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Hall's "Days in Derbyshire", 1863*
Eighteenth and nineteenth century tour guides about Matlock Bath and Matlock
 
Chapter the Fourth. Matlock Dale
pp. 32-46

The Villa, an illustration in Days in Derbyshire
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Holy Trinity Church, Matlock Bath, 1905



Willersley Castle



The Rutland Arms & Fairview Terrace


Decorative border at the beginning of Chapter 5



Once I saw a hill, in Scotland, belted and crowned by all four seasons in one. It was at the end of October ; and its base was all brown, red and golden, with autumnal ripeness and decay. Summer, with a tint less faded, made a second zone. Spring-like greenness still girded it above ; while an early fall of snow had already given it the white coronal of winter. I wish it were possible for my readers to see Matlock in all the seasons at once with equal facility ; its beauties have such different aspects in each.

We come in early spring when the buds are just bursting ; the birds are beginning to build and sing ; the river that only whispers in one place gurgles or murmurs in another, and shouts further on, as it rushes and foams down the weir, then glides away to bless the distant valley ; while the pulse of hopefulness is quickened by every sight and sound. The special trains have not commenced running, and the visitors yet are few ; so that, as we walk from Cromford, there is an opportunity for quiet admiration of rock and river on the right ; wooded hill and grassy slope on the left ; the Baths, Hotels, Museums, and abundance of comfortable Lodging-houses, before us ; Lapidaries' shops, and entrances the Petrifying-wells, here and there ; and as if just to give a finish to the scene, the neat little Church looking down on the river



and up to the hills. And this is an excellent time for seeing the isolated rocks which stand out, ever and anon, among the woods, with just enough of green about them to give relief to, but not to obscure, their fantastic shapes - many of them in positions so curious, that you cannot but wonder how they ever managed to lodge where they are when no woods were there, instead of rolling right down at once to become islets in the river's bed.

Or we come in the luxuriousness of summer, when the hyacinth[1] and cowslips have given place to more gaudy flowers ; when the ferns have grown into palms, and the tall foxglove shakes its bells ; when the white buildings, in strange and diminutive contrast to the grand and broken line of Hag Rocks, here stand out in full relief, or somewhere else just just glint forth from the bowery trees ; when the old rook caws lazily as it sails slowly along the calm sky above, while the river, skimmed by many a buy swallow, sends up its pleasant voice from below - a gentle air of stealing softly through the valley the while ; the whole at once invigorating and soothing the wanderer through the little world of wonders, and making him sometimes feel as though he had found his way into Fairyland. And if it were not for the occasional want of taste and keeping, in some of the contrivances of men who have too much studied their own partial convenience instead of the general harmony of the scene, there is nothing one has ever read of Fairyland that might not have been rivalled.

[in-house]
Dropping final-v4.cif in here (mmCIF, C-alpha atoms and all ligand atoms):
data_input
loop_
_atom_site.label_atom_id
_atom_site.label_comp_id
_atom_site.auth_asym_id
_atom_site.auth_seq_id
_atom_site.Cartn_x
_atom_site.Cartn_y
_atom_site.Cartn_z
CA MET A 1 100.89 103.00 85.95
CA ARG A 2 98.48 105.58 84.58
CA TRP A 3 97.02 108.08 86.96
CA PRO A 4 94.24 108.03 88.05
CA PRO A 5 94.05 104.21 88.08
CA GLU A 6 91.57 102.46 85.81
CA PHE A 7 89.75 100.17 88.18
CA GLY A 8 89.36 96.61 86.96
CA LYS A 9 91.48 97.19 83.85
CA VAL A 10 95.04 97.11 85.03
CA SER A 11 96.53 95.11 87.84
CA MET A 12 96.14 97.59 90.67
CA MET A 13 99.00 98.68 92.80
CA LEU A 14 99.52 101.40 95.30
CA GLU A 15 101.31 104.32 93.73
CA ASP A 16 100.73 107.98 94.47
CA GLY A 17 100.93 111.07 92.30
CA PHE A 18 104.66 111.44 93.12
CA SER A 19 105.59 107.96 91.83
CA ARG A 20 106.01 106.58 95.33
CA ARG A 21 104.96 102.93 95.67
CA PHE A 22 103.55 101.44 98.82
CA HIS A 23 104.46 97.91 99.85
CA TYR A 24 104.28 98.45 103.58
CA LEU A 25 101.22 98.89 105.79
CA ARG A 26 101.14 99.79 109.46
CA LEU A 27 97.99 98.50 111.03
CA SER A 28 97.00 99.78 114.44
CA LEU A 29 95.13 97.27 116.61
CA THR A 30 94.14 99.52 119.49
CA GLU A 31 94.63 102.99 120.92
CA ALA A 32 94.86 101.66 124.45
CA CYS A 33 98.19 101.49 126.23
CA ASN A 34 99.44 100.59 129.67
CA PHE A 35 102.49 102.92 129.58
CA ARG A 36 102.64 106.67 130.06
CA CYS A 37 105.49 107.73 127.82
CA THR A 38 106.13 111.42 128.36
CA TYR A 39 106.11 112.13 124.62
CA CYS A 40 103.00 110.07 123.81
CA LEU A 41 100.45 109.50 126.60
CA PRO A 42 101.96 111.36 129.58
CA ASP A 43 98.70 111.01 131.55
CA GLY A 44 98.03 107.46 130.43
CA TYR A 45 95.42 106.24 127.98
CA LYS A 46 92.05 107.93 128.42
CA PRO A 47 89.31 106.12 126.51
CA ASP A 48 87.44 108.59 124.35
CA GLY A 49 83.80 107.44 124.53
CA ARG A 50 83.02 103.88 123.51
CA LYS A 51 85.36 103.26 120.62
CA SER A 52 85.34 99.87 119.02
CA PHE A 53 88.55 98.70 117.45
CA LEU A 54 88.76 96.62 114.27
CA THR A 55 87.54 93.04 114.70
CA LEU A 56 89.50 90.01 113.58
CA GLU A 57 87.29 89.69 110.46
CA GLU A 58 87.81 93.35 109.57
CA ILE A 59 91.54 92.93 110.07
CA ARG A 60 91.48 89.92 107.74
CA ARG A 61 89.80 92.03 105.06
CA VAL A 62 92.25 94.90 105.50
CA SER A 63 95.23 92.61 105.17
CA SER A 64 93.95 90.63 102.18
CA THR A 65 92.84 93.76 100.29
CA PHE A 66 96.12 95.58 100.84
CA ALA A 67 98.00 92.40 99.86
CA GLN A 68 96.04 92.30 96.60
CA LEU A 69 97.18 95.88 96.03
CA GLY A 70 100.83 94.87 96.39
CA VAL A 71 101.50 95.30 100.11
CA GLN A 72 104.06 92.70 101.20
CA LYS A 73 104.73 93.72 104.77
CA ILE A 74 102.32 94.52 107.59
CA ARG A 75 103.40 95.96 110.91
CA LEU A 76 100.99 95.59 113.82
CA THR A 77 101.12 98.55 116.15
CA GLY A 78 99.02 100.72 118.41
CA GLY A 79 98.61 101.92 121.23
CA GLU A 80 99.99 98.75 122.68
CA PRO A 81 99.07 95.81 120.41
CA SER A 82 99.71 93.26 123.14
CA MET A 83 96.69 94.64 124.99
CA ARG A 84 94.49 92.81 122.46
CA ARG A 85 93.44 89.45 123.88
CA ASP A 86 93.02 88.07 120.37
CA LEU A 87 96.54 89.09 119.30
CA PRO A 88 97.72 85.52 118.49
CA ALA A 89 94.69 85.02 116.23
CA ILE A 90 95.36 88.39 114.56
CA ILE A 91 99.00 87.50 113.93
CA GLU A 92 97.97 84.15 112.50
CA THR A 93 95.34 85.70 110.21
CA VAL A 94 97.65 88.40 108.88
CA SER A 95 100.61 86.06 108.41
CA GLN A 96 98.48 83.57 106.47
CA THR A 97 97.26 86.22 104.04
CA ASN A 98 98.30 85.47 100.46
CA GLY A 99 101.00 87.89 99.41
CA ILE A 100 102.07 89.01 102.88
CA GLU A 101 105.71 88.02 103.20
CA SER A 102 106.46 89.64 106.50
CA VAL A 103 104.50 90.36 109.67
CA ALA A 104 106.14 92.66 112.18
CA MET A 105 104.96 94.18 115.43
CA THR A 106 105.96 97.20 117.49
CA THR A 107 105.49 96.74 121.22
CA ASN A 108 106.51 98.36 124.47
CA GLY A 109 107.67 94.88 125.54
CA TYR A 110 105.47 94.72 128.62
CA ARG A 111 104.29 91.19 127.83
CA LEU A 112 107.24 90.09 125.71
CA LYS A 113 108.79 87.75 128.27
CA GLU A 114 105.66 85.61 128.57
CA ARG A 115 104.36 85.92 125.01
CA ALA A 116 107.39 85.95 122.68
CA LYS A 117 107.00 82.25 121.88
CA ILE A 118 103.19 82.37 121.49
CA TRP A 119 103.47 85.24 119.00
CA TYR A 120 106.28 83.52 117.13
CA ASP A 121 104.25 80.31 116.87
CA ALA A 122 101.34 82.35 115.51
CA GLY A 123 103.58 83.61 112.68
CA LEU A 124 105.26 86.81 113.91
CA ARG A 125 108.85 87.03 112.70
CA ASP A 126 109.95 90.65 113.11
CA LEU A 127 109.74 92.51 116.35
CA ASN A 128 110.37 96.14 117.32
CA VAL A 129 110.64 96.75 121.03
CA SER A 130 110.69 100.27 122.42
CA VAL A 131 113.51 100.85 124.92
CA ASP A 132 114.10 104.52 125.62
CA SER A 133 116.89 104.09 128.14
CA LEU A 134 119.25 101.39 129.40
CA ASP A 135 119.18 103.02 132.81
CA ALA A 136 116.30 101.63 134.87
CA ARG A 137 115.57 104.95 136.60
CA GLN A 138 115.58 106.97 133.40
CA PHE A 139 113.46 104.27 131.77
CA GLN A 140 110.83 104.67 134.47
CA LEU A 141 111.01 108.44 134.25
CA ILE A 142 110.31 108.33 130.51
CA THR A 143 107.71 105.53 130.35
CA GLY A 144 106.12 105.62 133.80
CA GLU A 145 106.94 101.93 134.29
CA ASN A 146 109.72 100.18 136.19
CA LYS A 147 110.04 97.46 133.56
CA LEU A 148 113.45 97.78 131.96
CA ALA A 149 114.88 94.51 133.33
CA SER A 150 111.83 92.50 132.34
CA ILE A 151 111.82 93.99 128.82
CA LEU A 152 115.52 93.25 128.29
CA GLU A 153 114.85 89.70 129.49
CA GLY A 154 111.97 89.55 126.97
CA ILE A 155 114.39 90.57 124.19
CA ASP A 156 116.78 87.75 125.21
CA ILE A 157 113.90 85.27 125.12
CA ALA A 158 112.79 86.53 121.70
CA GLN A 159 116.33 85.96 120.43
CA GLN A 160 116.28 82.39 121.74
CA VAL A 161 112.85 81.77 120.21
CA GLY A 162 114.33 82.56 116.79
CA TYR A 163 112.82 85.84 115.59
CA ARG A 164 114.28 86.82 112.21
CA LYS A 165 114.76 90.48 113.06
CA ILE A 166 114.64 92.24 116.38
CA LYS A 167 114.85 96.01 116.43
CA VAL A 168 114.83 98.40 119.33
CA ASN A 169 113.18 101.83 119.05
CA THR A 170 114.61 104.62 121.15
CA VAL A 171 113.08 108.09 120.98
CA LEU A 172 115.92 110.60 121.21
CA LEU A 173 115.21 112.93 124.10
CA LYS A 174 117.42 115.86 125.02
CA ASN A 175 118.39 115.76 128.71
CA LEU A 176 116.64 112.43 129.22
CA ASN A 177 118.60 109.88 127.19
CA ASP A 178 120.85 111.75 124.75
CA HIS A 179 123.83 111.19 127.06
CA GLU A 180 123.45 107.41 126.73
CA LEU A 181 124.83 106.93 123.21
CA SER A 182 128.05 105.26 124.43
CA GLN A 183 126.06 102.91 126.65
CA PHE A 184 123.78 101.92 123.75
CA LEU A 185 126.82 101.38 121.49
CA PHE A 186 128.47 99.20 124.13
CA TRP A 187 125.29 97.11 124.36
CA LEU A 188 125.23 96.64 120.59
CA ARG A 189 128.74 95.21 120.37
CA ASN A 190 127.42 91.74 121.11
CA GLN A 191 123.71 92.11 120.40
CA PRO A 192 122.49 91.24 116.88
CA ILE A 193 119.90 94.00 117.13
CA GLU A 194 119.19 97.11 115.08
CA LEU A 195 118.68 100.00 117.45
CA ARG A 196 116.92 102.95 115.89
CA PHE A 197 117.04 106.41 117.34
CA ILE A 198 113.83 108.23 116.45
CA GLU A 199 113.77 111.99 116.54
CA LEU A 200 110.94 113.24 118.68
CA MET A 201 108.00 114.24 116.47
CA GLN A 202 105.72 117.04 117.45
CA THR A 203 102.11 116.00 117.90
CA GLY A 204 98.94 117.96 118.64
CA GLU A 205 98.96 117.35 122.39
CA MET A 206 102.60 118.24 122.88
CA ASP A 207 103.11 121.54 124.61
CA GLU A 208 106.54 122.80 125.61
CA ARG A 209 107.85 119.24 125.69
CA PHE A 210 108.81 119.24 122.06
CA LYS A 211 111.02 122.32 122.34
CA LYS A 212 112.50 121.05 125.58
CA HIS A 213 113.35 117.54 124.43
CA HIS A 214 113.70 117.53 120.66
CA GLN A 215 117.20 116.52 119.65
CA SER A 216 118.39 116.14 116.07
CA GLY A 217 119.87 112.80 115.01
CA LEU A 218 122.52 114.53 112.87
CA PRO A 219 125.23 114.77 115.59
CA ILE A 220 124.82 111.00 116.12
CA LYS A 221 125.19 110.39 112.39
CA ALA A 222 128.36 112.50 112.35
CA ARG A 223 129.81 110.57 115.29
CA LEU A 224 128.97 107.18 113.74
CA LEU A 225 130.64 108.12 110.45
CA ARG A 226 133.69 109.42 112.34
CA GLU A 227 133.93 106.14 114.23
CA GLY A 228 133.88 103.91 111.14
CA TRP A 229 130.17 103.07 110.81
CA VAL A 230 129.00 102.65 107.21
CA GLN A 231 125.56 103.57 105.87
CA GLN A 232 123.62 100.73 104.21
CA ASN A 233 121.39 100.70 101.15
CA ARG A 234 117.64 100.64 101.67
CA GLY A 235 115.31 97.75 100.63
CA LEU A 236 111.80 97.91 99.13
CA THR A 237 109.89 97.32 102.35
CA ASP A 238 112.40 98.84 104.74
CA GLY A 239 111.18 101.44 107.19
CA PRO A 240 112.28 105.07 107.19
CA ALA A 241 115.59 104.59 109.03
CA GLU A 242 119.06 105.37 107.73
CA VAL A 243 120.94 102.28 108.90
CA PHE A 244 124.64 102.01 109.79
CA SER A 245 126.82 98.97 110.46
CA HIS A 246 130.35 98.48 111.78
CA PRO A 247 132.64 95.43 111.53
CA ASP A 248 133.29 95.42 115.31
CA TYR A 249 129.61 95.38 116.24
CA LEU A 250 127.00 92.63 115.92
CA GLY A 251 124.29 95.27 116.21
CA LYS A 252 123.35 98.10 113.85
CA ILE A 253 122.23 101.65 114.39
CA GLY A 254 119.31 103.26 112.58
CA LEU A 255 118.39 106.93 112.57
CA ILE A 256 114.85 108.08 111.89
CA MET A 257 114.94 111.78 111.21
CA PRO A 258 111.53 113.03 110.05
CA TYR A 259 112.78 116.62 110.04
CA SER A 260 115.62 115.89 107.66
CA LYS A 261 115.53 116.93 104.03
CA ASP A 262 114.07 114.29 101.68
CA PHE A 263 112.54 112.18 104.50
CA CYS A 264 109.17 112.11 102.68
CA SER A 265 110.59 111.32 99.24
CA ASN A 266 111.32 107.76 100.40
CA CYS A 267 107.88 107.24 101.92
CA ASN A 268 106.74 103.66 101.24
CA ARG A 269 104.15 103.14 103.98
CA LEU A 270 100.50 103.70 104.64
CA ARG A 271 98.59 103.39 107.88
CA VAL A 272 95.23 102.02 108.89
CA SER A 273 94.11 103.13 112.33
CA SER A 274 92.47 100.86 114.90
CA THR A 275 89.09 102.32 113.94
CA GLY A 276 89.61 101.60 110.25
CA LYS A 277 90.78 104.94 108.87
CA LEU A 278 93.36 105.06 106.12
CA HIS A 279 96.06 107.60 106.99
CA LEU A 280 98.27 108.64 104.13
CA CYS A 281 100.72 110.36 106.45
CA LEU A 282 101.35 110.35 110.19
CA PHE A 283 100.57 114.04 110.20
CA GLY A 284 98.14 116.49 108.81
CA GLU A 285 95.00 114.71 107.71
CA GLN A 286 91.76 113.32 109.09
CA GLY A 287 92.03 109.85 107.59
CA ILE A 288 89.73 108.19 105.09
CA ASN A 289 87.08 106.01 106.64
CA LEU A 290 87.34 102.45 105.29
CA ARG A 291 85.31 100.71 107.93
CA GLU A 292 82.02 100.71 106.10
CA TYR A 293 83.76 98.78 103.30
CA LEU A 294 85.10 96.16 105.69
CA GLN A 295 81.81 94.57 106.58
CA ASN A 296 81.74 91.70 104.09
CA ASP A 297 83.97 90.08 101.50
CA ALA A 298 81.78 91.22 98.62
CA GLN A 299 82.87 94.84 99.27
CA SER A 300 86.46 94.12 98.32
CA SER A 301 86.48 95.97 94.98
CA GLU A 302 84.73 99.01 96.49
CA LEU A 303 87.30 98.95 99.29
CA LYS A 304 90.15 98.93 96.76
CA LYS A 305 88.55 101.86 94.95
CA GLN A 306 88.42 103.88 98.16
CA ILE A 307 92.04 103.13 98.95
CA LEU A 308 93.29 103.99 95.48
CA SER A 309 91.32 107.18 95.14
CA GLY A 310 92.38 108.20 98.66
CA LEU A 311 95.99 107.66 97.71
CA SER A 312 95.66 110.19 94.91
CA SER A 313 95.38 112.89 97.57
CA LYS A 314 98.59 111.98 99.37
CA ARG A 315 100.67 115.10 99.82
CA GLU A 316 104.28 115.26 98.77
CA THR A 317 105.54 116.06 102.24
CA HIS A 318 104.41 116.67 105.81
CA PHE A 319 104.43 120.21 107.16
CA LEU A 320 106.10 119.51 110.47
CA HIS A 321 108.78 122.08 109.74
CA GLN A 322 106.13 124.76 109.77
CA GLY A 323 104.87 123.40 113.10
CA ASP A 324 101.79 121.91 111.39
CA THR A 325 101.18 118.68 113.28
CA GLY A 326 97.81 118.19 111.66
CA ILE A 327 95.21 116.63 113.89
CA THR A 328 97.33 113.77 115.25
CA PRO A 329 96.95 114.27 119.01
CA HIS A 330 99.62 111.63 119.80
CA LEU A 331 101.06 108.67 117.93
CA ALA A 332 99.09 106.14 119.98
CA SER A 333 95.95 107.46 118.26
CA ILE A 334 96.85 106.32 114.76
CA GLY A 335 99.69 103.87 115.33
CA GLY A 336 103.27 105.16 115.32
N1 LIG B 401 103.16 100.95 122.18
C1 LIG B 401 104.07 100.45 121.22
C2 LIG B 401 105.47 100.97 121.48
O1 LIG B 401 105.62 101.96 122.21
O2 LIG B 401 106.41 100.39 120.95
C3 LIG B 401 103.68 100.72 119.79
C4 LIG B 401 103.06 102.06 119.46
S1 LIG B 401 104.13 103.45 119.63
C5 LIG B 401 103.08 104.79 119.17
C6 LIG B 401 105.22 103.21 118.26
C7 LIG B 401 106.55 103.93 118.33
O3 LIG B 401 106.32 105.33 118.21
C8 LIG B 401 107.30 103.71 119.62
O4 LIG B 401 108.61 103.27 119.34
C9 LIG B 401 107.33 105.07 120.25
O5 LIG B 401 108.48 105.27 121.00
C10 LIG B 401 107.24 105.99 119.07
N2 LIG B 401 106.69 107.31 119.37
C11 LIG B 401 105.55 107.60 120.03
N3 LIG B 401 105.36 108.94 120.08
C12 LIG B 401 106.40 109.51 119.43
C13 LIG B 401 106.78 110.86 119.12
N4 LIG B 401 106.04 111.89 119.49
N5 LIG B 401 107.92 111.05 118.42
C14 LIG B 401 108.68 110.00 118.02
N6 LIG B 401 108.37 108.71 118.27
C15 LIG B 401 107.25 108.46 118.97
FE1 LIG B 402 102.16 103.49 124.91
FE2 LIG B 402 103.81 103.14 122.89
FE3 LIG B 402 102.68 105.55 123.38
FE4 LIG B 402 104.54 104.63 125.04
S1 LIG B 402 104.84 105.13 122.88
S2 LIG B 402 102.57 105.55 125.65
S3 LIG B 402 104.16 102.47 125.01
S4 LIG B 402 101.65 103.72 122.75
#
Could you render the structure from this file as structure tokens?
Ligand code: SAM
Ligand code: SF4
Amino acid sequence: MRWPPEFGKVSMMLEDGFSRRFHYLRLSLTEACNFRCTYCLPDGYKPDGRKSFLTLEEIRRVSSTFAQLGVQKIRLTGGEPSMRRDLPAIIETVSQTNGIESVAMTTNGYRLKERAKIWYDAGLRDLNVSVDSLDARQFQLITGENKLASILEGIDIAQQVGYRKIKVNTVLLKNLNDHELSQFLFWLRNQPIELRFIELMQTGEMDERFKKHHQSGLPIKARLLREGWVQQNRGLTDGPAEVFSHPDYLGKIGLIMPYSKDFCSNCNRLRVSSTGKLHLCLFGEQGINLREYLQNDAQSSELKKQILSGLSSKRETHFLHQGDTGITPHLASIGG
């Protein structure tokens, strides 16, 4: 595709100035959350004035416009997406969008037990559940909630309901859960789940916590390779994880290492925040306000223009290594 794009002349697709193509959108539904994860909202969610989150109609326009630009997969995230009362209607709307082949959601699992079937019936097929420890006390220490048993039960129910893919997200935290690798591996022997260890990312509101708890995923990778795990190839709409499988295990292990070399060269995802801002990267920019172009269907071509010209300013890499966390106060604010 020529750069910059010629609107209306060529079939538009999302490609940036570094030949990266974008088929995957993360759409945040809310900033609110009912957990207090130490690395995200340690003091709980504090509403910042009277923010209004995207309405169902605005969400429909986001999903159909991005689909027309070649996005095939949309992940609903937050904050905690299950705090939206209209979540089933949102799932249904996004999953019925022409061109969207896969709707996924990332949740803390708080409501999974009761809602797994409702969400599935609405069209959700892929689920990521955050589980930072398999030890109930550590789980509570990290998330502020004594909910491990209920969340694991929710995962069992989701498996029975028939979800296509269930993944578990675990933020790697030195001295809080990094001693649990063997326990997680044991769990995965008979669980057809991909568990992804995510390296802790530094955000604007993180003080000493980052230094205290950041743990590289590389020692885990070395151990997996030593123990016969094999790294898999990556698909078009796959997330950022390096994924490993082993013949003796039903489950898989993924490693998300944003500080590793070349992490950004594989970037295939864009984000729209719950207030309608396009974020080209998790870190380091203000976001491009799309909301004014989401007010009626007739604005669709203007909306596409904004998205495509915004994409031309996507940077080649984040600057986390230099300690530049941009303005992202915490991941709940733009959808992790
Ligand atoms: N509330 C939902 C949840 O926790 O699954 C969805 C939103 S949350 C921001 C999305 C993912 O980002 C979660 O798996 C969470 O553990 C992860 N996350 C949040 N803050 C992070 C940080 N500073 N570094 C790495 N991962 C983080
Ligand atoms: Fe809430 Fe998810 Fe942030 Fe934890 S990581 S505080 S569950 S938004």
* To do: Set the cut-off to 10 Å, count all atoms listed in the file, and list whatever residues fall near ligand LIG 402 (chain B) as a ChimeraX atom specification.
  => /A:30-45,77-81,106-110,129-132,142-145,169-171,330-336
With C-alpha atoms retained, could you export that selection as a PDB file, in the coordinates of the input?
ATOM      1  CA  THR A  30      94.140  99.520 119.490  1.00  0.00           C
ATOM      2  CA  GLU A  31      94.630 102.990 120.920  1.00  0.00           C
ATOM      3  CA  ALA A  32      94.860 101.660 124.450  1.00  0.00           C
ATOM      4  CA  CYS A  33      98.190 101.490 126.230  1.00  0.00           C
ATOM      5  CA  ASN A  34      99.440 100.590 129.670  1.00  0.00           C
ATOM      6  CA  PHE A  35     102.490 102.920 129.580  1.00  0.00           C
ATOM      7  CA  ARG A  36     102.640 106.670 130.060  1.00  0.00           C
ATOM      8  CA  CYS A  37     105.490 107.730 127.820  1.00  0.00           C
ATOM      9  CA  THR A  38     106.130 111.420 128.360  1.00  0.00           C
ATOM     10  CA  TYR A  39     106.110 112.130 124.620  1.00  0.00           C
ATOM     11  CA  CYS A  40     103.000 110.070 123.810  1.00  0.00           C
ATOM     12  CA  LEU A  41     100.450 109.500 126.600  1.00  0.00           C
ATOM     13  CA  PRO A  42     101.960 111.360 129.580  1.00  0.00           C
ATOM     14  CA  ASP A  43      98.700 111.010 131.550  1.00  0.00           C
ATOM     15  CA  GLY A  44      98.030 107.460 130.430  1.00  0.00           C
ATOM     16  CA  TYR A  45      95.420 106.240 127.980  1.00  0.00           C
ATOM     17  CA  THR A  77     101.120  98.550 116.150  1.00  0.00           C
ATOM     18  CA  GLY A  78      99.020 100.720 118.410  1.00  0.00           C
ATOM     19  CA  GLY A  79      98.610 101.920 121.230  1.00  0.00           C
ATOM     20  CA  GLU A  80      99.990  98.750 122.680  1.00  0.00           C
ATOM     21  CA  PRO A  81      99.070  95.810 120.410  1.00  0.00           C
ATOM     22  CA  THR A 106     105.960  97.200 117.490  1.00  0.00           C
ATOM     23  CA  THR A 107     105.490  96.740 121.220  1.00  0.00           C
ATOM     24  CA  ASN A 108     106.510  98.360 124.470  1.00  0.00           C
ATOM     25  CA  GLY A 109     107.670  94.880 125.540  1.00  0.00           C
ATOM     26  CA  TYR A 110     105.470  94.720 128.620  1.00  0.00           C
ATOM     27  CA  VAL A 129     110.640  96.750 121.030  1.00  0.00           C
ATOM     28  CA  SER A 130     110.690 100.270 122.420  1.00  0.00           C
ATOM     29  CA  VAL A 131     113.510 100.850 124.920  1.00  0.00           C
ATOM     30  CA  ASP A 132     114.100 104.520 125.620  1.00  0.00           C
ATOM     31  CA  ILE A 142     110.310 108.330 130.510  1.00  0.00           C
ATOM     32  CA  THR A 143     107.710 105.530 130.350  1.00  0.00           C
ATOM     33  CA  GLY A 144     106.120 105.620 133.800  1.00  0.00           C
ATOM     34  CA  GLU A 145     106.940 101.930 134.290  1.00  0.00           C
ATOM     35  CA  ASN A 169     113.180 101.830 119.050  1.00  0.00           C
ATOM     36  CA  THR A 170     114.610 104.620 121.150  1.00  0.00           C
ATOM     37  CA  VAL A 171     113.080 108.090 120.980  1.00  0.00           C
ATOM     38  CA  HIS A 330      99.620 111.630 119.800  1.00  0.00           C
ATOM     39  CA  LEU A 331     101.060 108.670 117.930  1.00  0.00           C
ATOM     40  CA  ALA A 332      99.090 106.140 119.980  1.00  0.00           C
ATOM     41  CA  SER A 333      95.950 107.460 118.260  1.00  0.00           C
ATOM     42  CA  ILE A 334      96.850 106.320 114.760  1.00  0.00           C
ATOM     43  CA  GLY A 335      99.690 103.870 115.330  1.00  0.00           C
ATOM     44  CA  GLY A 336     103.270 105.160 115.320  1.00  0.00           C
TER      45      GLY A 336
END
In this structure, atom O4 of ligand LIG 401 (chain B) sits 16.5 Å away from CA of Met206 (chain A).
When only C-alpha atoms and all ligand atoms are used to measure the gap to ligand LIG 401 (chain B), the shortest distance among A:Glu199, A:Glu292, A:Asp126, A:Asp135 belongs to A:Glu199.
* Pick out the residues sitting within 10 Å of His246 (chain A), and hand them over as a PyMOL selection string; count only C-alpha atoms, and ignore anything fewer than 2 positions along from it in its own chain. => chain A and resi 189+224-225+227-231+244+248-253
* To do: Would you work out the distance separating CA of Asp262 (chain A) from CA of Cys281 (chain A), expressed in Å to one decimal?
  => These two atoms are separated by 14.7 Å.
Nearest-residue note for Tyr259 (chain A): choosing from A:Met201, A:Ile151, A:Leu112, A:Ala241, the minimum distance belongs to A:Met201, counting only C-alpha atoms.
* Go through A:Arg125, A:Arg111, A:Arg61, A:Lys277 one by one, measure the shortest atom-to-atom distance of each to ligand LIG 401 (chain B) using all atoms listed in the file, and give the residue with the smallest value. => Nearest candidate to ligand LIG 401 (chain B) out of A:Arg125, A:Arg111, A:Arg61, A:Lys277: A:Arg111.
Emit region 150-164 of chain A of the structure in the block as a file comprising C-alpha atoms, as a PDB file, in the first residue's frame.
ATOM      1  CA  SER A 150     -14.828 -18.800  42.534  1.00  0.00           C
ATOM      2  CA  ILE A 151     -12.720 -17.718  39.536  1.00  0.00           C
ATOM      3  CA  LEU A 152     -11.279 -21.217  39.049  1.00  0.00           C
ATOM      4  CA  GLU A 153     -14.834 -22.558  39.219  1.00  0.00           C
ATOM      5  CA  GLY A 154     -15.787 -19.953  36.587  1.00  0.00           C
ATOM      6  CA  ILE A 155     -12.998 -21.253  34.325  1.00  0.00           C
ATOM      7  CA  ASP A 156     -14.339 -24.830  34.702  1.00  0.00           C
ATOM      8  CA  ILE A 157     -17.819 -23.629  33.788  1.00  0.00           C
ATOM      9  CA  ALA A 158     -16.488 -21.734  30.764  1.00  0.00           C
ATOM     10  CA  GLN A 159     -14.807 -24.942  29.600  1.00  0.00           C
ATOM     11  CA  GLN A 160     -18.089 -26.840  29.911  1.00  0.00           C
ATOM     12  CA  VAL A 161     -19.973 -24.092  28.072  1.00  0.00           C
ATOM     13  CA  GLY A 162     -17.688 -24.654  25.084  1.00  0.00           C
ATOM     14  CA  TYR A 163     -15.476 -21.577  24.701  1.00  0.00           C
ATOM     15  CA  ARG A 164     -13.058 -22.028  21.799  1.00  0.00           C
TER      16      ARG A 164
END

It would require the genius of a John Allen - its own tuneful poet - to describe the contrast between Matlock Dale as it was two centuries ago and as it is now - to picture it as it was in the original wildness, loneliness and beauty, ere artifice had marred in the slightest what Nature has so well accomplished. Gazing from the regions now known as Upper Wood and Harp Edge, what an air of sublimity and eld must have rested on all the landscape then ! The river here tranquil and smooth as glass, with its noiseless glide : anon, as "blue and arrowy" and loud as the rushing Rhone, tor reiterating to tor, and hill to hill, the wild echoing of its many voices ! How lovely and peaceful when sunshine rested on the ample slopes of Masson and green Riber, or streaked with light the grey rocks between ! How sublime in the hour of storm and tempest, when "from crag to crag leapt the live thunder", as if Nature were commemorating the freak by which she first gave such picturesque brokenness to the whole country, - dark Stonnus [sic] quietly contemplating the fray from afar, and the High Tor not less imperturbably raising his hoary brow, and daring the warlike elements to come on ! How one would like to be contemporaneous, were it but for a few hours, with the sensible people who gave such significant names to the different places and objects within view, - decribing these sombre and dreary rocks below us as the "Dungeon Tors"; yon rock on the other side of the river as "Wildcat Tor", "Cromford" (i.e. the Ford at the River's Bend) beyond : with "Fox Cloud" more distant still : while the name of Matlock itself is richly descriptive of the place - namely the Mead (anciently Mædh[2]) where the water lingers, or forms a "loch", as it does at the feet of the curious rocks on which stands Matlock old Church - Medlock, in Lancashire, being but another rendering of the same name ; and the Medway, winding among the hop yards of Kent, or the Meden stretching out from Pleasley Vale into the sylvan plains of Nottinghamshire, being names of very similar origin.